Skip to main content

Five Commitments Every Teacher Should Make

Paul’s words in 1 Cor. 2:1-5 helped me pinpoint five commitments I want to keep as I teach the Word:

“When I came to you, brothers, I did not come with eloquence or superior wisdom as I proclaimed to you the testimony about God. For I resolved to know nothing while I was with you except Jesus Christ and him crucified. I came to you in weakness and fear, and with much trembling. My message and my preaching were not with wise and persuasive words, but with a demonstration of the Spirit’s power, so that your faith might not rest on men’s wisdom, but on God’s power.”

1 Cor. 2:1-5

1. I will teach, not impress (v. 1)

I need to check my motives and my teaching style. Are my students new Christians? I must drop the religious lingo. My teaching methods also need to match the preferred learning styles of the generation and gender I am teaching. For instance, older adults may respond to a lecture format, while younger adults generally prefer lively discussion.


2. I will teach only Jesus (v. 2)

I must refrain from elevating my opinions above Scripture. As I share my experiences and tell what has worked for me , I need to ensure that what I am touting as truth is indeed from the author of truth.


3. I will be vulnerable so that in my weakness He may be strong (v.3)

Students are hungry for teachers who can relate to their needs for forgiveness, direction, and hope. While I do not need to share inappropriate details, I do need to let my classes know that I have sinned and I do struggle. Such transparency create4s a safe environment and draws students to the only one who is perfect: God.


4. I will invoke the Holy Spirit’s presence and power (v.4)

I can let a busy schedule or pure neglect keep me from praying about my lessons or for my class. Big mistake! After all, it is not my message that will reach hearts or change lives, but “a demonstration of the Spirit’s power.”

There are times I don’t feel as if the Holy Spirit shows up as I prepare or teach. But if I have sought Him through prayer, I can proceed with the assurance that He is working in my students.


5. I will build God’s kingdom, not mine (v. 5)

When I’ve spent hours studying, praying for, and standing in front of my students, it’s tempting to expect honor, a measure of dependence, and even allegiance from them. However, I want them to be dependent upon their relationship with God, not their relationship with me. I encourage my students to compare what I say with God’s Word, and I’ve committed to admit when I am wrong.

Comments

Popular posts from this blog

Discussion Questions for Easter

Have several people ask the question, “What’s the most important thing you’ve ever done?”
Ask other people, “What do you hope to accomplish in the next several years of your life?”
Tell your class that today you’ll be talking about “life mission” or the one most important thing you do that drives everything else. Tell them that Jesus’ resurrection from the dead is the defining moment in history, so it should be the defining moment in our lives.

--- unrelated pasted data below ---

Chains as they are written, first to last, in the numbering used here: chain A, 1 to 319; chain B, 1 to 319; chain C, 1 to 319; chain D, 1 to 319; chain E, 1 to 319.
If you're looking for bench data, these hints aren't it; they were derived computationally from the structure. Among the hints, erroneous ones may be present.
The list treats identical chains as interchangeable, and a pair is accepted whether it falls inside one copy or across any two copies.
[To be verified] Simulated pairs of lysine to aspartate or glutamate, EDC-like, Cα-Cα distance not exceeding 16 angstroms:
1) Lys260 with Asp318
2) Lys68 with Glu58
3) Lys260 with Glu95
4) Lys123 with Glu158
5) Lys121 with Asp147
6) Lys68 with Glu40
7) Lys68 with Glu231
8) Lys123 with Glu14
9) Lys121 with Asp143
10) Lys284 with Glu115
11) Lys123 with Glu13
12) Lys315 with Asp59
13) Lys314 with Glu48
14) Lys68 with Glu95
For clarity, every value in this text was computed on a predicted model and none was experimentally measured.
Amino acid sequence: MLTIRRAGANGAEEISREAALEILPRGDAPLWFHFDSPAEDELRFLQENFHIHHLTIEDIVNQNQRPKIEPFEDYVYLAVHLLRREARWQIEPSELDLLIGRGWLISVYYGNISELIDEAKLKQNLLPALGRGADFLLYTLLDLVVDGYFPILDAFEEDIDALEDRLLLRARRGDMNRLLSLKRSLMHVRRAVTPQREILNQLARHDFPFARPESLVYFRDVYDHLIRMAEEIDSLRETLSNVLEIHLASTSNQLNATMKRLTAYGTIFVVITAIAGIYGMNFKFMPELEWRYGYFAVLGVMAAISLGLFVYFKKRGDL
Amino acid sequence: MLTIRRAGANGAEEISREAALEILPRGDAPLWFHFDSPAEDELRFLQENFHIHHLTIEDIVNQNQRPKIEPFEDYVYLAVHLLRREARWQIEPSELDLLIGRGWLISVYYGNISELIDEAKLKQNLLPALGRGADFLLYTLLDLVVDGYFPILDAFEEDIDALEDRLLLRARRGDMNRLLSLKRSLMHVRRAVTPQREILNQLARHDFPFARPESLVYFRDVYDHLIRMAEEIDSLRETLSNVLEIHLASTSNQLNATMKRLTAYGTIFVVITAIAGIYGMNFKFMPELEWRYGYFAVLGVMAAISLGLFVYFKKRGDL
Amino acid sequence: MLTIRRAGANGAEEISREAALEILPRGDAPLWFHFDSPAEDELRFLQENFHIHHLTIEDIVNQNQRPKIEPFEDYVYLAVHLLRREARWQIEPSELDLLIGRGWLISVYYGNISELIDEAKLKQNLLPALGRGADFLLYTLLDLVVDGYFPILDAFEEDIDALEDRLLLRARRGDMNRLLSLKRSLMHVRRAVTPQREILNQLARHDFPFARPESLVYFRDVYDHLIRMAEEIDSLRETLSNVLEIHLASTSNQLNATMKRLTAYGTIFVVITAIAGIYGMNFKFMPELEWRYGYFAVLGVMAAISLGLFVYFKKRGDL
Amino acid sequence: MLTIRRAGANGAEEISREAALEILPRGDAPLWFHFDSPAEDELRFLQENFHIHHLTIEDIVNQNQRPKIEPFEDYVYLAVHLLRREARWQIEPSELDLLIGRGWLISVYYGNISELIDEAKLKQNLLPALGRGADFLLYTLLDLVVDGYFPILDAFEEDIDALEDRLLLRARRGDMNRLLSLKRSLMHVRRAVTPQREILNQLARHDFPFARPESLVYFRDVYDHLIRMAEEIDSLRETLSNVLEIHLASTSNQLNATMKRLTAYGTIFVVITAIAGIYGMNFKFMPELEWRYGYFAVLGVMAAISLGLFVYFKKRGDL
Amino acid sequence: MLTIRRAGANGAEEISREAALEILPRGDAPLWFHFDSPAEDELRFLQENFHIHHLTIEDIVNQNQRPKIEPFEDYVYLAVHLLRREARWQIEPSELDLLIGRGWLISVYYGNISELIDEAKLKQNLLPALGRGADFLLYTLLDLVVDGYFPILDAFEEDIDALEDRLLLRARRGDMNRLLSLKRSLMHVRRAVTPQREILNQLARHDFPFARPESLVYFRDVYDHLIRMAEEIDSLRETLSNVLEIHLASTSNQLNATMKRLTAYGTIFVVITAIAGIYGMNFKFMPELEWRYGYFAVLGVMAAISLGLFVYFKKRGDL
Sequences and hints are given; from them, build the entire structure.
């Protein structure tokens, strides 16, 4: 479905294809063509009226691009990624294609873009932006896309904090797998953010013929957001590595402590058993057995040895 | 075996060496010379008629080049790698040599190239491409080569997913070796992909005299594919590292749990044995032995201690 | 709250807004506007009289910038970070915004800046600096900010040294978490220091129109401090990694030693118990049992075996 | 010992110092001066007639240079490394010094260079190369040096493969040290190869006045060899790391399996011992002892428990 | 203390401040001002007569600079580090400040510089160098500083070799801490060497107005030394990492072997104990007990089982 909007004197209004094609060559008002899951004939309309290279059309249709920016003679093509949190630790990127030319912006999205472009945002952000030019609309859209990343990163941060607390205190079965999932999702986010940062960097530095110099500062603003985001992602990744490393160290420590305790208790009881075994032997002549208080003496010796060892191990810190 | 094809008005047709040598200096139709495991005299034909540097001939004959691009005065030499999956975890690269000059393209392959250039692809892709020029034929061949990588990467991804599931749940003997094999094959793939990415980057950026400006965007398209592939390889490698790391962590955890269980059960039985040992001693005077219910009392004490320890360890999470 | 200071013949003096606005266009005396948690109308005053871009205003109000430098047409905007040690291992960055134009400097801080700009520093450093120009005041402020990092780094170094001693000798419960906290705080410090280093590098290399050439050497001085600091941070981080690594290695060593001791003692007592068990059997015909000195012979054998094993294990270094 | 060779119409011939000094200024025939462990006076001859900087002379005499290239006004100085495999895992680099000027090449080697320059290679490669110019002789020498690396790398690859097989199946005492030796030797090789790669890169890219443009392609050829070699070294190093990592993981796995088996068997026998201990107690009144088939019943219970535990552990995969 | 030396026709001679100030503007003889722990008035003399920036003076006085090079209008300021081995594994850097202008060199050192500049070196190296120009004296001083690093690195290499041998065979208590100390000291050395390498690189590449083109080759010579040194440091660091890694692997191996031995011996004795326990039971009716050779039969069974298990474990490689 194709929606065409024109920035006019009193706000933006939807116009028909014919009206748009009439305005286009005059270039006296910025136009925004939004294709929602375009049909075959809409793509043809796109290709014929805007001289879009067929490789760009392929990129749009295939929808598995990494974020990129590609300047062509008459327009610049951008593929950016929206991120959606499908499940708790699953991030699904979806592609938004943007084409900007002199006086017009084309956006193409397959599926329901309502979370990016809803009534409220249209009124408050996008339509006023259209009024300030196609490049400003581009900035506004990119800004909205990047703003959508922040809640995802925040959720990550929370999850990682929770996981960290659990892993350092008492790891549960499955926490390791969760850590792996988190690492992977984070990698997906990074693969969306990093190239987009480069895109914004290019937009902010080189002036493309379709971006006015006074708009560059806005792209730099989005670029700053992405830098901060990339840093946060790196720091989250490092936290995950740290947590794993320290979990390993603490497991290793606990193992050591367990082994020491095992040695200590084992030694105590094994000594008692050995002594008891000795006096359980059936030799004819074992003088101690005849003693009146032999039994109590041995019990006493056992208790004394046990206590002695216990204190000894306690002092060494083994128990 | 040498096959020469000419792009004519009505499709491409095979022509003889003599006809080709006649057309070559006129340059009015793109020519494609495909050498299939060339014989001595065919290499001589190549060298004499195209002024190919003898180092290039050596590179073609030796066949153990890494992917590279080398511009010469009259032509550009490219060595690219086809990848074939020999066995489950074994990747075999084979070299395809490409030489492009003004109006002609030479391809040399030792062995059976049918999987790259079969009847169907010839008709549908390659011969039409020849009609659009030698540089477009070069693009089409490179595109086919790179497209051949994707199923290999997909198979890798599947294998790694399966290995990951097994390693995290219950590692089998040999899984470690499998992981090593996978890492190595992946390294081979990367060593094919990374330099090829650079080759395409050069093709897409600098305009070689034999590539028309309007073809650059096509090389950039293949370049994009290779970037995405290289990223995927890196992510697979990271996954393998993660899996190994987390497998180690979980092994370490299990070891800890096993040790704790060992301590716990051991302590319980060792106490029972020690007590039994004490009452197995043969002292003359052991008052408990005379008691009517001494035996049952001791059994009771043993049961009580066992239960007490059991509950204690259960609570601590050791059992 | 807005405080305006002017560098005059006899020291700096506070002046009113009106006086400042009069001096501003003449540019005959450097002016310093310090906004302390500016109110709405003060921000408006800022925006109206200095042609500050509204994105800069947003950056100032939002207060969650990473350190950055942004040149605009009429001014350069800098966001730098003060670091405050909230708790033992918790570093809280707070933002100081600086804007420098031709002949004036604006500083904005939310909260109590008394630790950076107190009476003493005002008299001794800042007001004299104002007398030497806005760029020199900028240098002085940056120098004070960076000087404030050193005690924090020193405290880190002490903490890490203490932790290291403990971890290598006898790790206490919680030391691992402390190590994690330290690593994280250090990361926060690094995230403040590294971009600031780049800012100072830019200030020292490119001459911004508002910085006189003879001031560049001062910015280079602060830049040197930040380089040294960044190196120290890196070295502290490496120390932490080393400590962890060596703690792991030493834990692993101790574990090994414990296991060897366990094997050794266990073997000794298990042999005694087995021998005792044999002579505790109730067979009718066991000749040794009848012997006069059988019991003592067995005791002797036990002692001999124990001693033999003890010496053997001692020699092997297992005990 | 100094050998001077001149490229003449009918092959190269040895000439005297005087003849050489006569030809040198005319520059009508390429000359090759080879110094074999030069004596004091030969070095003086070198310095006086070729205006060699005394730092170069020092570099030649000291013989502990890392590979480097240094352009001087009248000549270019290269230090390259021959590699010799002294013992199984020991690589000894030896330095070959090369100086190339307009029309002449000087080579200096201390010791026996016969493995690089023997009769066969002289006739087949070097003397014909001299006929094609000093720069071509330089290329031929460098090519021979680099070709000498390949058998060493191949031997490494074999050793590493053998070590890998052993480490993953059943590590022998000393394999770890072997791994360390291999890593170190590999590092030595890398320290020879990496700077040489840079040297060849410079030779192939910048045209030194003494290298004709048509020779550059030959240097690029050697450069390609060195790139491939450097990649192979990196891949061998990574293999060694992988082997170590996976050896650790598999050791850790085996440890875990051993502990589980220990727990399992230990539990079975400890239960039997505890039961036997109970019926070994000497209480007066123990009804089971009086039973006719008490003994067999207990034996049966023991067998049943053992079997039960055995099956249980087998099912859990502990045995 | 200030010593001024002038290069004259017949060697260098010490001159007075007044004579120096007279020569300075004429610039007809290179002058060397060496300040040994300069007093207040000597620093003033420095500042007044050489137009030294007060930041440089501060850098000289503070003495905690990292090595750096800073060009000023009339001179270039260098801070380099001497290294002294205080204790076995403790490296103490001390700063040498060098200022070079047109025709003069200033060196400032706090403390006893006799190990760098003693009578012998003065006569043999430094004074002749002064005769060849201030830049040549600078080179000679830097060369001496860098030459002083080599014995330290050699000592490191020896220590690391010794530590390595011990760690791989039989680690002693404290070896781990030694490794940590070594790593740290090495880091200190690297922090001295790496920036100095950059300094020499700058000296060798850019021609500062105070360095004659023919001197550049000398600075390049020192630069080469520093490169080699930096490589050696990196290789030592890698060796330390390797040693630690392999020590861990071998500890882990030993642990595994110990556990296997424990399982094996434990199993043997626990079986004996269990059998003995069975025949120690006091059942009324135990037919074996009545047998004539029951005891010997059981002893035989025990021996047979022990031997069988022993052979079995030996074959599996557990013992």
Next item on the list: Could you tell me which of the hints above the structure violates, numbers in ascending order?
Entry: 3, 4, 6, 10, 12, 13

Read 1 Corinthians 15:12-19. How does the resurrection impact some of the crucial beliefs of Christianity? 
How would Christianity be different if there was no resurrection? How would you be different without the resurrection?
Read 1 Corinthians 15:50-58. What are some specific ways that the resurrection gives us hope?
If you had been a friend of Jesus when he was on earth, how would the resurrection have impacted your life? 
How do you think his followers then were effected by the resurrection?
Read 1 Corinthians 15:58. What do you t…

SOAPY Bible Study

In the past, I've written about and talked about the SOAP method of Bible study. This is a simple Bible study method which can be utilized by an individual or a small group. All you need is a passage of Scripture and 15-30 minutes (a journal is helpful).

Many churches use this method of Bible study for their groups. Some have modified the SOAP method by adding a Y. Read more about it below:


This Bible study is an intentional focused effort of growing in the understanding of the scriptures. This form of study will assist in the transformation of our inner lives as we mature in understanding and in faith.
Set aside 15 minutes every day for the study. You might want to take more time after you have gotten started. Don’t overload yourself in the beginning. Keep a “soapy” journal because there will be the need to write everyday. As you develop your routine, share what you are learning with your Discipleship Group, Sunday school class, Circle, other groups in which you participate, or …

21 Bible Passages With Which Every Small Group Leader Should Be Familiar

Matthew 5:23-24.
23"Therefore, if you are offering your gift at the altar and there remember that your brother has something against you, 24leave your gift there in front of the altar. First go and be reconciled to your brother; then come and offer your gift.

Luke 10:1-11.
1After this the Lord appointed seventy-two[a] others and sent them two by two ahead of him to every town and place where he was about to go. 2He told them, "The harvest is plentiful, but the workers are few. Ask the Lord of the harvest, therefore, to send out workers into his harvest field. 3Go! I am sending you out like lambs among wolves. 4Do not take a purse or bag or sandals; and do not greet anyone on the road.

5"When you enter a house, first say, 'Peace to this house.' 6If a man of peace is there, your peace will rest on him; if not, it will return to you. 7Stay in that house, eating and drinking whatever they give you, for the worker deserves his wages. Do not move around from house to hous…